Citing Brian Sheehy’s AP European History class, Ruari OCearuil ’20 said that “the passion that Sheehy brought to his classroom every day that year was unparalleled.” Through rigorous assignments and tests, OCearuil believes that Sheehy “was laying the foundation of critical thinking, argument formulation, and thorough analysis” through which OCearuil “gained the invaluable ability to think deeply and fully about serious topics.” Sheehy has fostered a community of equality and inclusion through his commitment to sharing his love of culture and history with his students. As OCearuil said, “his devotion to his subject and his ability to bring it to life were contagious, and in my case, he took my least favorite subject and turned it into one of the things I love most.”
Since 2007 Sheehy has taught history to grades 10 through 12 at North Andover High School. His courses include AP European History, Sports of the Past, World Civilization II, Global Thought, Sports in American Culture, and U.S. History. He is the history department coordinator, and has organized programs for his students to celebrate history and culture outside of the classroom. In 2019 he brought the Smithsonian’s Let’s Do History Program into the school district to work with teachers for professional development. He also developed the North Andover High History Learning Lab, a hybrid museum and classroom that allows students the opportunity to study history through objects that they can pick up and touch. In addition, he teaches at the night school and supports all students with learning disabilities.
Sheehy’s teaching philosophy is to instill a “deeper understanding, appreciation, respect, and hopefully love for history,” to push his students to work their hardest, and to provide his students with “the resources and skills to formulate, defend, and debate their views while at the same time understanding and respecting the fact that others may have differing opinions than they do.” Regarded as an energetic, passionate, and ambitious educator, North Andover High School’s principal Chet Jackson noted that “Brian has developed into a veteran teacher and department leader who is extremely innovative and who uses his passion for history to engage students in learning. He is one of the most versatile instructors we have in the North Andover Public School district.”
Nickolas T. Wilson, Durham High School, Durham, Calif.
Gaia Steinfeld DeNisi ’20 describes Nickolas Wilson as “both eloquent and relatable, which gives him authority and respect in the classroom but also allows him to connect with students.” Through his energetic lectures and personal relationships with students, Wilson teaches students to love and find meaning in literature. DeNisi added that “his English classes were always vibrant because they resonated with students in ways that went beyond the realm of academia.”
From 2011 to 2016 Wilson held a number of titles: English instructor, theory of knowledge instructor, student publications advisor, and extended essay advisor at Northcoast Preparatory and Performing Arts Academy. Since 2016 he has served as an English instructor, newspaper advisor, and dual credit coordinator at Durham High School. Dedicated to his students both inside and outside the classroom, he founded the school’s paper, The Trojan Tribune, and continues to mentor student reporters. “He goes above and beyond to cultivate meaningful relationships with his students, and to help mentor them in all aspects of their life,” DeNisi said.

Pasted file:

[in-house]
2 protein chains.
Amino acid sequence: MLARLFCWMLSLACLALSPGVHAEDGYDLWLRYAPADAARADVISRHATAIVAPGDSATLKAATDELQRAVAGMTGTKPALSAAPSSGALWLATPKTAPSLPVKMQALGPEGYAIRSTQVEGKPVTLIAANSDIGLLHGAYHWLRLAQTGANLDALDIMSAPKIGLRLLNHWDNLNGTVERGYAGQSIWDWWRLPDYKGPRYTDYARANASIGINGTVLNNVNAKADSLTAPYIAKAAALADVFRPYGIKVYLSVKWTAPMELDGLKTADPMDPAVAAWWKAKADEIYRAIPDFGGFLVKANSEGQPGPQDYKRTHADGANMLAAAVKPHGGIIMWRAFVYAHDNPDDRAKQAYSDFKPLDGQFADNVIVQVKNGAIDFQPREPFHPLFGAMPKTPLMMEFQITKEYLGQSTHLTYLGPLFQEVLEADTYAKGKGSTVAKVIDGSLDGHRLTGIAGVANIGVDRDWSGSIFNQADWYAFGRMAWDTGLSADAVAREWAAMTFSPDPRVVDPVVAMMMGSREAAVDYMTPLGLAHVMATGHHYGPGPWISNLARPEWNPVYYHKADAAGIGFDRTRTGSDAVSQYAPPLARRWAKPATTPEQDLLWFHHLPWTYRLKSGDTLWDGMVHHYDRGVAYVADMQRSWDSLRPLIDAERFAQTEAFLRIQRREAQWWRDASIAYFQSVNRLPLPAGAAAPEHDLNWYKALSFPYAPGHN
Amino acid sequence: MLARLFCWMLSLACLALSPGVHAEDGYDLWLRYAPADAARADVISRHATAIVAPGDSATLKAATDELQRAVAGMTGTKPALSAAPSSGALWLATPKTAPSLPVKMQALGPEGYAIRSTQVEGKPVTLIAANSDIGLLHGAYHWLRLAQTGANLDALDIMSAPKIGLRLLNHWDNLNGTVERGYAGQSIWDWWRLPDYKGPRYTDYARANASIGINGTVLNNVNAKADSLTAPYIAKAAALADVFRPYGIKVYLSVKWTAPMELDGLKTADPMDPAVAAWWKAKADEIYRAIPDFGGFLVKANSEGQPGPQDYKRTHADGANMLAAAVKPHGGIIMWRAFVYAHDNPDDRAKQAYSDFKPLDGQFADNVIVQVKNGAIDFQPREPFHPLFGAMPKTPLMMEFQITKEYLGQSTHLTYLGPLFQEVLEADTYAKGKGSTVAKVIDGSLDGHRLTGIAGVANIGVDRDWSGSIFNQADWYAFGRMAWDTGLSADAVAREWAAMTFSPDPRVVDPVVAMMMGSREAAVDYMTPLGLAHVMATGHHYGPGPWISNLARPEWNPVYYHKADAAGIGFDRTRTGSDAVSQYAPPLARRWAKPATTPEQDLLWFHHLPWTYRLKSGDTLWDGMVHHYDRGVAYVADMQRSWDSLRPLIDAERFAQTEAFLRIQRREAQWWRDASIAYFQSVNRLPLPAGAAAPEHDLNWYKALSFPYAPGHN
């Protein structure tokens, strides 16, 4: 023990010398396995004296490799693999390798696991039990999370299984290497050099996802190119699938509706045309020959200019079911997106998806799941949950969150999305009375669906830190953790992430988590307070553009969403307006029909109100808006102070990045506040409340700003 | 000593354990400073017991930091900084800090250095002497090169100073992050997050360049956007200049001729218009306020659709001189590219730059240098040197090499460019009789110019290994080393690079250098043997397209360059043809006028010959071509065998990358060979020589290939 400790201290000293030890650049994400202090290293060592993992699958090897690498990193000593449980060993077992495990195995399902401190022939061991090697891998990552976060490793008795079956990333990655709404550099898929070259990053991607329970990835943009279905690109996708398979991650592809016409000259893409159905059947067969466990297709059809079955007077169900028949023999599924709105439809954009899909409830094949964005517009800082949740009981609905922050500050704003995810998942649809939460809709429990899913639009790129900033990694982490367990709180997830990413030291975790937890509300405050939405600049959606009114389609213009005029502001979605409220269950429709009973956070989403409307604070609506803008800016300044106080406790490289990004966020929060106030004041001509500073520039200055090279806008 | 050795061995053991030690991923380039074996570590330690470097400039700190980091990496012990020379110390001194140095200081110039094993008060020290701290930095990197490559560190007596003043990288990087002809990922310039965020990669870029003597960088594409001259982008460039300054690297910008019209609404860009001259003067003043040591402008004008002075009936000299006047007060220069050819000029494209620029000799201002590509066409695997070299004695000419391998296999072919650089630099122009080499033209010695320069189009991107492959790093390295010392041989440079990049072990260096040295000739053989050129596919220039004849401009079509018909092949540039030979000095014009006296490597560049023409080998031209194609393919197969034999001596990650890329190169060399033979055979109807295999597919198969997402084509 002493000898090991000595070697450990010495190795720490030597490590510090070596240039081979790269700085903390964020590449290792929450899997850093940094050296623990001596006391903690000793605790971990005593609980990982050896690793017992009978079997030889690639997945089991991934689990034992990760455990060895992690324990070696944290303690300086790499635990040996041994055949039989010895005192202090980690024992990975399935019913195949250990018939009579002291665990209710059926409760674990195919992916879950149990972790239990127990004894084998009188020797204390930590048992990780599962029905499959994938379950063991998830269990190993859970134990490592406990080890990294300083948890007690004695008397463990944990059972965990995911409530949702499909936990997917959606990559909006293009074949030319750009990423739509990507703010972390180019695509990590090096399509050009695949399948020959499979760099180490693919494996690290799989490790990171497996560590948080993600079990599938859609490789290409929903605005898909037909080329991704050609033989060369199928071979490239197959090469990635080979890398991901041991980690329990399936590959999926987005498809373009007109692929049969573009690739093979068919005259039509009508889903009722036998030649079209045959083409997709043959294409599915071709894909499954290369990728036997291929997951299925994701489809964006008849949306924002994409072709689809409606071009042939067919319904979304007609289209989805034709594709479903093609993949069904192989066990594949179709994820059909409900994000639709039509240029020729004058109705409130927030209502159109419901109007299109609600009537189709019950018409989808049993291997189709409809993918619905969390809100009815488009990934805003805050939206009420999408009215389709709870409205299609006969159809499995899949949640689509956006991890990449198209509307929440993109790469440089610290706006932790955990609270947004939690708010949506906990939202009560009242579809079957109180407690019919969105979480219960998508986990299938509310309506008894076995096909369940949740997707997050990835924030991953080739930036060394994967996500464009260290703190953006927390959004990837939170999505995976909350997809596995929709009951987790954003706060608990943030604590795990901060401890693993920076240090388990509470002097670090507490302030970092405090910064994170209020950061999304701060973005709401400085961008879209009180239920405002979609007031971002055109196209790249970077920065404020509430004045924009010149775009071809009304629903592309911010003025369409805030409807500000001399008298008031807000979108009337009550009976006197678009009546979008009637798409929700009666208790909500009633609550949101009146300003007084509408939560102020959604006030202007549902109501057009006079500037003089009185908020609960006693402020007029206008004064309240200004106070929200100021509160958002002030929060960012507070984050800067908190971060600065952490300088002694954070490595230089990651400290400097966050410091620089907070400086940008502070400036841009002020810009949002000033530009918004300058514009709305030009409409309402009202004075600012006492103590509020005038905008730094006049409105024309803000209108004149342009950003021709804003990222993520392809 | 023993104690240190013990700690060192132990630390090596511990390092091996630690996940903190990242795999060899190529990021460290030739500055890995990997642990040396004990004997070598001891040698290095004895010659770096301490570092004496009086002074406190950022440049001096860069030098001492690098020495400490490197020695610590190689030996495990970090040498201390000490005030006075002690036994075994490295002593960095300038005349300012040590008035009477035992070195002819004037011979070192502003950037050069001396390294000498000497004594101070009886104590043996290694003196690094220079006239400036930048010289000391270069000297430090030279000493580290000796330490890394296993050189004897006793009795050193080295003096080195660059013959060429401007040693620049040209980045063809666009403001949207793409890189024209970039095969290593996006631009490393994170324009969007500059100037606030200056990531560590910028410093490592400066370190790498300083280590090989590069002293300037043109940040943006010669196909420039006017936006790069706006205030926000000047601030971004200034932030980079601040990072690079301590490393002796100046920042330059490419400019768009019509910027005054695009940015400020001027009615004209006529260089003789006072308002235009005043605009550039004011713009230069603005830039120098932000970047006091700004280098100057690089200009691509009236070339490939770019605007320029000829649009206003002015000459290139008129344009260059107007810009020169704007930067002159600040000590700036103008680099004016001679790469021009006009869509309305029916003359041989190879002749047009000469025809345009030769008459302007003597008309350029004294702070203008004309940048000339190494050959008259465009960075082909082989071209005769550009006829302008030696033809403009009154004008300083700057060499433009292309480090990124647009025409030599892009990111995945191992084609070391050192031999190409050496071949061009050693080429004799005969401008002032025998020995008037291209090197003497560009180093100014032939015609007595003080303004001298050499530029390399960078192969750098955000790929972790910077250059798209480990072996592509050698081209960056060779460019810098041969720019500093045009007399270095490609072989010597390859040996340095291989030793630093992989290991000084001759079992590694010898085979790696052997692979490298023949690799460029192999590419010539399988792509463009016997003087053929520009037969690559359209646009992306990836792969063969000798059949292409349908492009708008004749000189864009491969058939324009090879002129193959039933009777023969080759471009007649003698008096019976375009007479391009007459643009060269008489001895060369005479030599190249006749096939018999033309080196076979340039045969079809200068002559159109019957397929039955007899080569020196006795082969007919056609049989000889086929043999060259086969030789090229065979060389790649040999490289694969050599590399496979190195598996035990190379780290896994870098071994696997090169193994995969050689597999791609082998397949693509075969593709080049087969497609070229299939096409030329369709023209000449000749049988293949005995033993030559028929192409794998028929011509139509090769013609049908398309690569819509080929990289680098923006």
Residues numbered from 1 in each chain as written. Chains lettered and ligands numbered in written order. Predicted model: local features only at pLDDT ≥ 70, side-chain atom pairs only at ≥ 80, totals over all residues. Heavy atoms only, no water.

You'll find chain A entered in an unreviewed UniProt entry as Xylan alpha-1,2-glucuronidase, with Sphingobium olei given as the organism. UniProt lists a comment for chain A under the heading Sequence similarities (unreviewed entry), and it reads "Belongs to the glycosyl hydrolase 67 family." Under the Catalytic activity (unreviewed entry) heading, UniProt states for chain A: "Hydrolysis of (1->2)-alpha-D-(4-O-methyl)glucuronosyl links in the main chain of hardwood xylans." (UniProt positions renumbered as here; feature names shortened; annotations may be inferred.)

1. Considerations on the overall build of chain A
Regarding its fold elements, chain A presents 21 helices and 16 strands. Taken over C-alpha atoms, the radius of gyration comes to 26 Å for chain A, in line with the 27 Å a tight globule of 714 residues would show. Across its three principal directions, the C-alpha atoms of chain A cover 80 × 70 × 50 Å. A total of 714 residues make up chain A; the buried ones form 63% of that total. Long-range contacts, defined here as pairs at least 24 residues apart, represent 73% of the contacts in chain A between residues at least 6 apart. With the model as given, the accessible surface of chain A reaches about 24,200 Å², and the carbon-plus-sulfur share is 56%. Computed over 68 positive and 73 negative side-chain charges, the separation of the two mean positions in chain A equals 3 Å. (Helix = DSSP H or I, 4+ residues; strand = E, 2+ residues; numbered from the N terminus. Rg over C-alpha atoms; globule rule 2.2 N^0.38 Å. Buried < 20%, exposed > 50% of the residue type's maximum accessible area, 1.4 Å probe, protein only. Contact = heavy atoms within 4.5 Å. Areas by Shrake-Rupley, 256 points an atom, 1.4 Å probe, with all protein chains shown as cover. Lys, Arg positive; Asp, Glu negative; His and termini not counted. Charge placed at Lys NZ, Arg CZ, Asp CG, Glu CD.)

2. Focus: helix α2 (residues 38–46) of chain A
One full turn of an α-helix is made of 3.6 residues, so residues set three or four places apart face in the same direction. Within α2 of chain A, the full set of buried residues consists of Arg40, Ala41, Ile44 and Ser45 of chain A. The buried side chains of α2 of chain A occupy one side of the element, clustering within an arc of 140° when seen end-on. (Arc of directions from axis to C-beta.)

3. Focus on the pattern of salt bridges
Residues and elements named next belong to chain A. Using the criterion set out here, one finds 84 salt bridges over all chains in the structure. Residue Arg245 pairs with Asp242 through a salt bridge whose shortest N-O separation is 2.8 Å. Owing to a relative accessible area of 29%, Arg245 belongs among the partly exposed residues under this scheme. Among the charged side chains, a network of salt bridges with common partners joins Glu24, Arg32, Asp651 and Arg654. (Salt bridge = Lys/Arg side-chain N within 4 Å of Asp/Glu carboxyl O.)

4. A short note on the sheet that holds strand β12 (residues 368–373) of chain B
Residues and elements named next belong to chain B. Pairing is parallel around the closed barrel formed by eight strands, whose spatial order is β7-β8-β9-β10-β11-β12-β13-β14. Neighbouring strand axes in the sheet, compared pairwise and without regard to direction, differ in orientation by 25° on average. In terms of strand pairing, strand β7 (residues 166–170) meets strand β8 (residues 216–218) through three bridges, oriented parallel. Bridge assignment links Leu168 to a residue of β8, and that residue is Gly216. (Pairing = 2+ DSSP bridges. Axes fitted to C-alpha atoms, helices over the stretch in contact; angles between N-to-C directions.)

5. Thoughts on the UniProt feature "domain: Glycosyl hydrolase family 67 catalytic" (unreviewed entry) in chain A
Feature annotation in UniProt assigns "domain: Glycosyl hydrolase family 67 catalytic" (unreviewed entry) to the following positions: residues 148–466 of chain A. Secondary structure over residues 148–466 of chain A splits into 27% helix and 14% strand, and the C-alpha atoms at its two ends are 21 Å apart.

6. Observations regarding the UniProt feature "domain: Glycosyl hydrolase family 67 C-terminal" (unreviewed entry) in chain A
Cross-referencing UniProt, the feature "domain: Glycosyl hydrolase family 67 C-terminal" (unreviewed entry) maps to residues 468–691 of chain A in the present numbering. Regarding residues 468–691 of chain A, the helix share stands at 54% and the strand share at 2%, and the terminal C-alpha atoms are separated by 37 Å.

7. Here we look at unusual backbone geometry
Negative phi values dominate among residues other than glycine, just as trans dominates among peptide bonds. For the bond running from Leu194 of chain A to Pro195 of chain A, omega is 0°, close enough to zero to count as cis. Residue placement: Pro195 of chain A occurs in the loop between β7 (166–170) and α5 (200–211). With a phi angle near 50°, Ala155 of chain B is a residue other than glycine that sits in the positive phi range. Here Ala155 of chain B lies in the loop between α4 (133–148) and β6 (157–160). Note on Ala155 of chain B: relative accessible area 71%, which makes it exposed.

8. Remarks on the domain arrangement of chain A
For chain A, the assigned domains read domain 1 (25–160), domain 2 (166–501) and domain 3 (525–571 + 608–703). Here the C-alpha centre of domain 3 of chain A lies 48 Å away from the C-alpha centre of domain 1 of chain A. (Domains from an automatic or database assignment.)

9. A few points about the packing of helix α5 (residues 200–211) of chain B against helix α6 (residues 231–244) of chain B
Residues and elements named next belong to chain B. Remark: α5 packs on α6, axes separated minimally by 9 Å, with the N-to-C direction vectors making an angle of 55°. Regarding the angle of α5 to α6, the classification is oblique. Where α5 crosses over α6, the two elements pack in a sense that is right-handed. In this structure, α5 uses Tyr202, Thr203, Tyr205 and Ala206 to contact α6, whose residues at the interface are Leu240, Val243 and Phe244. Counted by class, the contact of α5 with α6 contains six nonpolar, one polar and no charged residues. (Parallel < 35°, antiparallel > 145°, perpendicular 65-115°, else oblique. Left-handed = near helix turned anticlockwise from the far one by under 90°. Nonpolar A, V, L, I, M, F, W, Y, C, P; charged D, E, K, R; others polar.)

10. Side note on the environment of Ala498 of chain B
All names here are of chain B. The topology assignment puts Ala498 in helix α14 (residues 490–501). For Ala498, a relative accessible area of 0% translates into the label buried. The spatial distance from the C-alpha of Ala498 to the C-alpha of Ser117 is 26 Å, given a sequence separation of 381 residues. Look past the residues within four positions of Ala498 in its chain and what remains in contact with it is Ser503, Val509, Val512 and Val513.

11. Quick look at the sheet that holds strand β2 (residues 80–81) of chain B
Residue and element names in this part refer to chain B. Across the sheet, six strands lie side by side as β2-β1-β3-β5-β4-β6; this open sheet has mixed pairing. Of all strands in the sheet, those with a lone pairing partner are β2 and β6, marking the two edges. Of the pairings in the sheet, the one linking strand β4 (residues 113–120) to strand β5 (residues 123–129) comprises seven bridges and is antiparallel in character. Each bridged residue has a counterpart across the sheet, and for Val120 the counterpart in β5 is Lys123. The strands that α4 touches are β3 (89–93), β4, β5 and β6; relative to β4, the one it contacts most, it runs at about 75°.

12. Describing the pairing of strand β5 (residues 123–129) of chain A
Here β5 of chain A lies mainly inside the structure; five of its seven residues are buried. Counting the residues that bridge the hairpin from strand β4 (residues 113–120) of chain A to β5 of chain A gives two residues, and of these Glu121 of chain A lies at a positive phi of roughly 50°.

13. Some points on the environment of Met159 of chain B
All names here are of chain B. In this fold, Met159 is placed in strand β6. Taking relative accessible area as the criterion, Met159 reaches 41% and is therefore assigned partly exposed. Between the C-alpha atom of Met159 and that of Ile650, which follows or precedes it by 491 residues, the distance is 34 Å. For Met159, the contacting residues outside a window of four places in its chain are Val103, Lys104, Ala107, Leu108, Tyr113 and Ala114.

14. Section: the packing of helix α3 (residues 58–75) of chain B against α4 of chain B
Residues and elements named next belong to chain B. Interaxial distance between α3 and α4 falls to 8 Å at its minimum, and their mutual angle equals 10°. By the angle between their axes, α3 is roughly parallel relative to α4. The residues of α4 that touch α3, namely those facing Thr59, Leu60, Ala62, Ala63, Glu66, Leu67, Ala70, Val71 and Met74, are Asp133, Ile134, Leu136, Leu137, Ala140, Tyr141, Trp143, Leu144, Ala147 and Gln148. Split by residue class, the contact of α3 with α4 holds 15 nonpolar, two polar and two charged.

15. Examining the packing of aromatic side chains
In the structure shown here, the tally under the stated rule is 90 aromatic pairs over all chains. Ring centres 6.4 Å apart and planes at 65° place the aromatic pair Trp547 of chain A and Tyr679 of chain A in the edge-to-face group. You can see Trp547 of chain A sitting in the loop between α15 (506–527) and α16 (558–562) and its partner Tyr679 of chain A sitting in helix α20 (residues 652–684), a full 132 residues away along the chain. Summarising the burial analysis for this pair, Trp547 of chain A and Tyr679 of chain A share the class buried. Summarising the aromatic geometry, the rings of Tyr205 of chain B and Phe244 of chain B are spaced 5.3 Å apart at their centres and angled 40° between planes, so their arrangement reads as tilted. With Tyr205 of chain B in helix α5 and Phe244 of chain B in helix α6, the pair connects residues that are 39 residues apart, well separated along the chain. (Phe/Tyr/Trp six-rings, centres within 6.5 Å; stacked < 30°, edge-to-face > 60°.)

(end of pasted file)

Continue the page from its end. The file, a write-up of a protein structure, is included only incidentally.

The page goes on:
Wilson believes that teaching is always personal. “Whenever I present a text, I’m inviting students to draw parallels between the literature and themselves, their community and society,” said Wilson, who aims to offer students a lens through which they can better understand their relationship to their selves and the world. His impact on his students is long-lasting. As Durham High School’s Robbin Pedrett shared, “so impactful is Nick’s teaching that many of our students report that he is their most inspiring teacher and stay in touch with him long after they graduate.”
Founded in 1793, Williams College is the second-oldest institution of higher learning in Massachusetts. The college’s approximately 2,000 undergraduate students are taught by a faculty noted for the quality of their teaching and research, and the achievement of academic goals includes active participation of students with faculty in their research. The college is also home to roughly 100 Master’s students enrolled in its renowned graduate programs in Development Economics and the History of Art (the latter offered in collaboration with the Clark Art Institute). Students’ educational experience is enriched by the residential campus environment in Williamstown, Mass., which provides a host of opportunities for interaction with one another and with faculty beyond the classroom. Admission decisions on U.S. applicants are made regardless of a student’s financial ability, and the college provides grants and other assistance to meet the demonstrated needs of all who are admitted.